Cemetery Days

December 7, 2008
By Brittney Gibney, Hondo, TX

I couldn’t forget you
Even if I wanted to
But why, oh why
Would I even dare to try
Ingrained in my brain
Your face will always stay
But sadly, in these passing years
Your face has faded against all my fears
My eyes well up and my cheeks grow wet
A sob racks though my tight chest

I visit you when I can
Bringing flowers to lie upon the land
I touch that cold hard granite
And sink down into the grass to sit
My fingers trace your names and dates
I pray you’ve found those pearly gates
My forehead rests now upon the stone
And my tears roll down, into the ground, to reach your bones
I sigh squeezing my eyes closed, shut tight
And stay like that as day fades to night

The wind whistles through the bare, cemetery trees
The melancholy melody weaves
The air grows bitter
The first signs of this fourth lonely winter
Another Christmas, another forced smile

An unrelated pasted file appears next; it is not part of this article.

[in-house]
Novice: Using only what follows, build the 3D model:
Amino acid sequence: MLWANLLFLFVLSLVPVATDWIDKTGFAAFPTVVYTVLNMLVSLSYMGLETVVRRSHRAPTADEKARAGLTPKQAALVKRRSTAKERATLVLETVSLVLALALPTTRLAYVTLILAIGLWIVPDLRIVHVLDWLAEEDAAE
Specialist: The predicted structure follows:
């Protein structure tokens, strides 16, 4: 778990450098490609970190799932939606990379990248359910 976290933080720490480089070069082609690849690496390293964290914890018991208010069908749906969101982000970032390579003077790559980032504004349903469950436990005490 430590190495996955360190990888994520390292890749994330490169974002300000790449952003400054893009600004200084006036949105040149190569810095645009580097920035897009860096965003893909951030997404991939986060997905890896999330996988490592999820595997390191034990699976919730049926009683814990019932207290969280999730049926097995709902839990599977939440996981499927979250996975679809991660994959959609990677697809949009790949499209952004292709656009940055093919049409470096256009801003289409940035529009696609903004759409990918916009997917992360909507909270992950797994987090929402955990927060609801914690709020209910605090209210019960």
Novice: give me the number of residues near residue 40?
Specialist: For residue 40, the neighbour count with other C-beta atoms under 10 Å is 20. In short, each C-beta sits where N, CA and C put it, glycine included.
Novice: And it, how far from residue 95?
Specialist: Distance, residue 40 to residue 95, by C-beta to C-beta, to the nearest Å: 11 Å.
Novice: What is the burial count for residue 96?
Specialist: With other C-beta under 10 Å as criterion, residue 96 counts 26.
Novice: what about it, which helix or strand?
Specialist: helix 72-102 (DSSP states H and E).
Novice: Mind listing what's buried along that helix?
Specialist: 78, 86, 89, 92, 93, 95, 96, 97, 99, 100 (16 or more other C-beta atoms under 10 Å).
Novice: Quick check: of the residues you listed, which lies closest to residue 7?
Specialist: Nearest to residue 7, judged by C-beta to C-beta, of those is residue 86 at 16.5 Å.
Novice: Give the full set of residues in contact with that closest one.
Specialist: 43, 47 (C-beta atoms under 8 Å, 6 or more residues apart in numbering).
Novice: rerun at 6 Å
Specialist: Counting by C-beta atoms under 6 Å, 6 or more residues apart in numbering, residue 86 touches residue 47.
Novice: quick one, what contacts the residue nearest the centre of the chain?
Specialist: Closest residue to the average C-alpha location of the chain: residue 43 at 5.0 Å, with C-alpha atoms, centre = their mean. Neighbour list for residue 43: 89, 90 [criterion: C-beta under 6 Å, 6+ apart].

Good tidings and such, now not worth the while

The moon has now replaced the sun
And as so many before have said, the day is done
I raise myself up off the ground
And as I walk away, I blow you a kiss without a sound

The author's comments:
This is about my Tuesday afternoons, when I go to the cemetery to visit my mother, little brother, and older sister. It’s pretty much a documentation of what happens on those Tuesdays. How I endlessly trace their names and talk to them. I’ll do homework there. Some people think I'm weird but the cemetery is one of the only places I can concentrate. No people noise, no domestic noise, just calm. But the bitterness of winter and the holiday season gets to me. It’s just sad.

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